April 17: Happy Birthday Rooney Mara and Sean Bean


Two-time Oscar nominee Rooney Mara turns 32 today.  A descendant of the founders of two NFL teams—New York Giants founder Tim Mara and Pittsburgh Steelers founder Art Rooney, Sr.—she began acting while studying at NYU, playing a bit part in a film starring her older sister Kate Mara.  Early in her career she was billed as Tricia Mara (her full name is Patricia Rooney Mara), but she began using Rooney Mara as her screen name around 2009.  She began to be noticed in supporting roles in Youth in Revolt and The Social Network.

Her big breakthrough was being cast as Lisbeth Salander in David Fincher’s adaptation of Stieg Larsson’s novel The Girl With the Dragon Tattoo.  While the film was not a big success financially, Mara was a success as Lisbeth, receiving Oscar and Golden Globe nominations for Best Actress.  In the next few years she appeared in a variety of projects, such as Steven Soderbergh’s Side Effects and Spike Jonze’s Her.  In 2015 she starred opposite Cate Blanchett, in the role of Therese Belivet in Carol.

Mara was nominated for another Oscar and several other acting awards for Carol.  Most of them were for Best Supporting Actress, although she is one of the film’s two leads—a fact we had some discussion of here during Oscar season in 2016.  Mara has kept very busy in the past two years, with four films released during 2016 and another four scheduled this year.

Sean Bean is celebrating his 58th birthday.  Some people, if you mention his name, will instantly bring up the number of times he plays a character who dies in a movie or TV show.  He dies as Boromir in The Fellowship of the Ring, as Ned Stark in season 1 of Game of Thrones, and as Alec Trevelyan in Goldeneye.  He dies in big budget action films like The Island, small-scale films like Caravaggio, and TV miniseries like Scarlett.

But, he doesn’t always die. 🙂  He doesn’t die as Odysseus in Troy (if you know your Greek myths, that shouldn’t surprise you).  He doesn’t die in North Country or Flightplan or The Martian or several  other films.  He doesn’t die in the two season run of Legends on TNT.  And he definitely does not die in any of his appearances in the role that put him on the map as an actor, playing Richard Sharpe in a long list of ITV adaptations of Bernard Cornwell’s novels.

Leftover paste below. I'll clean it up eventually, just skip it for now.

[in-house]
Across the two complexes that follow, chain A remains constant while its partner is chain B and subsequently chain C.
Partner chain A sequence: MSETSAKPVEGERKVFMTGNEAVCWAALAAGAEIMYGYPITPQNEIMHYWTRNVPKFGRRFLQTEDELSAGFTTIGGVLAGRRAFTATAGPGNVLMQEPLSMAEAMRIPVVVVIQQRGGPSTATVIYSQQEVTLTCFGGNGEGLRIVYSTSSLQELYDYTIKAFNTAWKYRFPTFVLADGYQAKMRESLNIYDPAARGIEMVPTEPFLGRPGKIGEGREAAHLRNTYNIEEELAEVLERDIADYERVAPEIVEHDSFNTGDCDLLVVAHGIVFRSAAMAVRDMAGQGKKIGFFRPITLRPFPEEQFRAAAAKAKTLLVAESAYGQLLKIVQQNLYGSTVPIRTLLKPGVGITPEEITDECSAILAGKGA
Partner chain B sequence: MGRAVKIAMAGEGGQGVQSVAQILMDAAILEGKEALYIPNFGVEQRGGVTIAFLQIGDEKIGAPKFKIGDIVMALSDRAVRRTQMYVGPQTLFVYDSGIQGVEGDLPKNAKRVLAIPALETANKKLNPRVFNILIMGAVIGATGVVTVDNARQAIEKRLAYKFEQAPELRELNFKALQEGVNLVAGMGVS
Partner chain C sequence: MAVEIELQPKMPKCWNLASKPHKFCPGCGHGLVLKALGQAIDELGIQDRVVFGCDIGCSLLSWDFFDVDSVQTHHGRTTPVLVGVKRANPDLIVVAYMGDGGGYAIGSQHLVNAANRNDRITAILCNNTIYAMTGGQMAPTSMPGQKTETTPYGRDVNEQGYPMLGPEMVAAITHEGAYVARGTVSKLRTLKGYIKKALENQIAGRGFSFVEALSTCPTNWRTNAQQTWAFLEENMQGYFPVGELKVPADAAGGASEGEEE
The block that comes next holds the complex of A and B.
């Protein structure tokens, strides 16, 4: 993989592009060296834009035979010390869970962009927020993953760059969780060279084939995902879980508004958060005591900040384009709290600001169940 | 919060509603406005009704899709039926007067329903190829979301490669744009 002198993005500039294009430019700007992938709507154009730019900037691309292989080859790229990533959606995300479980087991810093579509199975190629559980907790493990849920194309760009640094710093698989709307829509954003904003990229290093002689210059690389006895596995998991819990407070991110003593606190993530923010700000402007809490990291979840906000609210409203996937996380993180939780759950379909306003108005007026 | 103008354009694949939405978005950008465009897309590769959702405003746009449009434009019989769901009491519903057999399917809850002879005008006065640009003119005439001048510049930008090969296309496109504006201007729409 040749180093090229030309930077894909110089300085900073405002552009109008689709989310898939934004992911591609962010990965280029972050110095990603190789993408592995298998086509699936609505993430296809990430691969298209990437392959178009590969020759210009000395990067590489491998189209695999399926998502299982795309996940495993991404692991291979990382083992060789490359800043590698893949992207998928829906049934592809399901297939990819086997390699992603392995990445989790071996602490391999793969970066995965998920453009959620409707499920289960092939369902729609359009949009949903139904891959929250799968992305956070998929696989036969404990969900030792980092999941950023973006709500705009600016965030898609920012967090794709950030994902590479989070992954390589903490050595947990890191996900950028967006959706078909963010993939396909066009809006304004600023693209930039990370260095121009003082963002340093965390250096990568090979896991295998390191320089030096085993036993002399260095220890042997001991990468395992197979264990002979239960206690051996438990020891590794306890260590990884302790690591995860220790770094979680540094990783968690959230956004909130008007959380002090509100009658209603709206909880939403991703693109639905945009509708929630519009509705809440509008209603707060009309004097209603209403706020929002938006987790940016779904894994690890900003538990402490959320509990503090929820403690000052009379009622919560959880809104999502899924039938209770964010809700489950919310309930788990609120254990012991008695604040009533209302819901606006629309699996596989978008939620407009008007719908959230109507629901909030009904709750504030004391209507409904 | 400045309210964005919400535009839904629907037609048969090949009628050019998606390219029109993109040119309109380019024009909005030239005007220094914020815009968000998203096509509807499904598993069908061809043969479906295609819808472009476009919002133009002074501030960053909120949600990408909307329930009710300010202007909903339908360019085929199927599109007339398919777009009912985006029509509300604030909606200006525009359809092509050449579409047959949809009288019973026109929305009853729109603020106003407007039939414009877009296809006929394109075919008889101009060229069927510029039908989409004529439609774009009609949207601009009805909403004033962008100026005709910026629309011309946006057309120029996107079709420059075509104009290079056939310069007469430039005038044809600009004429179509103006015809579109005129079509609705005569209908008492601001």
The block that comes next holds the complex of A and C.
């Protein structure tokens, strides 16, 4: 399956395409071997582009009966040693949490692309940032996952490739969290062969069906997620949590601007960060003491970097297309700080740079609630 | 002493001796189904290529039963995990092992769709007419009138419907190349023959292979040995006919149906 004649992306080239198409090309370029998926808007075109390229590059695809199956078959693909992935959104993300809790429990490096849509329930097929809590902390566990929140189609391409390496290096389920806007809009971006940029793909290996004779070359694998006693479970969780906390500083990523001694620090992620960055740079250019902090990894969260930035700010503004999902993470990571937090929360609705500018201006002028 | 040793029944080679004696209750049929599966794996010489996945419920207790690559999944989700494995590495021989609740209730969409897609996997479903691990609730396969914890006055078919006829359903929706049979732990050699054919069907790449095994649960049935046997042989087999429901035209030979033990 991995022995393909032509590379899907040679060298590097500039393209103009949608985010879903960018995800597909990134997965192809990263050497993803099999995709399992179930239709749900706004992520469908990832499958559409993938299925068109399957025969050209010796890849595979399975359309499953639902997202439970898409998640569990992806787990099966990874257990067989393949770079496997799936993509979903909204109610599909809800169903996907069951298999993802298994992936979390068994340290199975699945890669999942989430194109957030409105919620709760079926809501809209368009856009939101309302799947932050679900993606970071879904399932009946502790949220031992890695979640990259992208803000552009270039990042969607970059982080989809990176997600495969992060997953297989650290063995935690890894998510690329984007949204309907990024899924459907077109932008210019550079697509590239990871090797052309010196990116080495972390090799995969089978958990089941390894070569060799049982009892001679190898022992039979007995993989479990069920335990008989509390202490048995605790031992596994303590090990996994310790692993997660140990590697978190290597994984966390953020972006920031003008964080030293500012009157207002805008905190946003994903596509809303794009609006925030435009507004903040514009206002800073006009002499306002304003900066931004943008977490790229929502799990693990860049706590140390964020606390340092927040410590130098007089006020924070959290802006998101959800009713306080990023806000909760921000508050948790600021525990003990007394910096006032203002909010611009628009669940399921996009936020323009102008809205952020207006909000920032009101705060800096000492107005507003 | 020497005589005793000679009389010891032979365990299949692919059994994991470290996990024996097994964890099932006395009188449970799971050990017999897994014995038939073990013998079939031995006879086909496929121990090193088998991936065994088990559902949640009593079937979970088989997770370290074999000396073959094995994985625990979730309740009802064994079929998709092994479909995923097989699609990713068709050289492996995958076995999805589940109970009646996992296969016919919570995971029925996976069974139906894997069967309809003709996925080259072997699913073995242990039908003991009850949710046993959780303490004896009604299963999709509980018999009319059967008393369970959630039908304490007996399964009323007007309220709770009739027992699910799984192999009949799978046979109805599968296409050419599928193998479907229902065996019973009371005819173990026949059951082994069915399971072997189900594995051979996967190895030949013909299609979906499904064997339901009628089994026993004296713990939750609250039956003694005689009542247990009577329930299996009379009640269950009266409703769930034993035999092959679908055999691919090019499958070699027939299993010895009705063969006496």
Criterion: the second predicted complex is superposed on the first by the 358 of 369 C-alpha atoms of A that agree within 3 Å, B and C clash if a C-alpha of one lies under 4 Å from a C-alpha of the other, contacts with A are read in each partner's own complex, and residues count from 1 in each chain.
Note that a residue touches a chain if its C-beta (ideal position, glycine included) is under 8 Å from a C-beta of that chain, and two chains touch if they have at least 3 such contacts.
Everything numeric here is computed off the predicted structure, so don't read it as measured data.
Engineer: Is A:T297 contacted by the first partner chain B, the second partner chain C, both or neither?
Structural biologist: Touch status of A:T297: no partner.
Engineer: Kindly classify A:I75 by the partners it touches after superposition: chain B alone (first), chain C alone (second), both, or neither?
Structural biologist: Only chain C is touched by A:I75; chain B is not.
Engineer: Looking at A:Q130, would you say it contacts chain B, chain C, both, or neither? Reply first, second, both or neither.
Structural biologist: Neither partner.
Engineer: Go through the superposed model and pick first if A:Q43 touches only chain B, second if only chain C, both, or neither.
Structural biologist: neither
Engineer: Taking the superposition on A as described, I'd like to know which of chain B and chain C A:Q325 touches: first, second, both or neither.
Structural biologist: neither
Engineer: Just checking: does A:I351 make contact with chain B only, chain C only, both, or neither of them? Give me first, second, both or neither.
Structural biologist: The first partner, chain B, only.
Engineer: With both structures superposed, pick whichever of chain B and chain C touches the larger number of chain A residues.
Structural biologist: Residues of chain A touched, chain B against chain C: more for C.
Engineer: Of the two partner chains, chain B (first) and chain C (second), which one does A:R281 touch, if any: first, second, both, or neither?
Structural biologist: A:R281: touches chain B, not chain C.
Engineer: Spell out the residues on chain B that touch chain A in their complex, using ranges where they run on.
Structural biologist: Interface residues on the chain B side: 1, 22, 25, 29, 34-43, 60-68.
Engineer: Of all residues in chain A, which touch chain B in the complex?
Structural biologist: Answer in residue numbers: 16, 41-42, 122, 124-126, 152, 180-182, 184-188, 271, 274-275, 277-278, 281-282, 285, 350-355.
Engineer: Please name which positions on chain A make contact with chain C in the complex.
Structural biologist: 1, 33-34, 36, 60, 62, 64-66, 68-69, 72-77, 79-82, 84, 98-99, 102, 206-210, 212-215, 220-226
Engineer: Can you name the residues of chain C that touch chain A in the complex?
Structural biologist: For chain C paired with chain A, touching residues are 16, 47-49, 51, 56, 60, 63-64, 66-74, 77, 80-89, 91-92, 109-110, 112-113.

So long live Sean Bean.

Australian actor Luke Mitchell, who is 32, had stints on both of his home country’s long-running soap operas, Neighbors and Home and Away, before coming to the US where he played Lincoln Campbell on Agents of S.H.I.E.L.D.; he currently is a regular on Blindspot.  Jennifer Garner, who was a four-time Emmy nominee as Sydney Bristow on Alias, turns 45 today.  She has played Elektra Natchios in Daredevil and Elektra and had major roles in films like Juno and Dallas Buyers ClubAdam McKay, who celebrates his 49th, has worked on several films with Will Ferrell, directing and co-writing movies such as Anchorman and Talladega Nights.  He won an Oscar for Best Adapted Screenplay and was nominated for Best Director for The Big Short.

French actress and director Maïwenn (full name Maïwenn Le Besco) turns 41 today.  She has been nominated for the Cesar for Best Director twice, for Polisse and Mon Roi, and starred in films like Haute Tension (aka Switchblade Romance) and Love is the Perfect Crime.  American viewers might know her for playing the Diva Plavalaguna in The Fifth Element.

Lela Rochon, known for her roles in films like Waiting to Exhale and Why Do Fools Fall in Love, turns 53 today.  Kimberly Elise, who is turning 50, made her film debut in Set it Off and starred opposite Denzel Washington in John Q and The Manchurian CandidateHenry Ian Cusick, who also is 50 today, was an Emmy nominee as Desmond Hume on Lost and currently is a regular on The 100.

Olivia Hussey, who is 66 today, won a Golden Globe as Juliet in Franco Zeffirelli’s adaptation of Romeo and JulietDavid Bradley, the star of FX’s The Strain, turns 75.  He has played Argus Filch in the Harry Potter films and Walder Frey on Game of Thrones, and has won an Olivier Award for playing the Fool in a revival of King Lear.

Victoria Beckham, known as Posh Spice of the Spice Girls and for her marriage to English football superstar David Beckham, turns 43 today.  Alternative rocker Liz Phair, known for albums such as Exile in Guyville and Whip-Smart, is celebrating her 50th.  Don Kirshner (1934-2011) was best known for his work on the production and management side of the music business.  He ran the music publisher Aldon Publishing, helping to launch the careers of performers like Bobby Darin and Neil Diamond, and worked with The Monkees in their early days.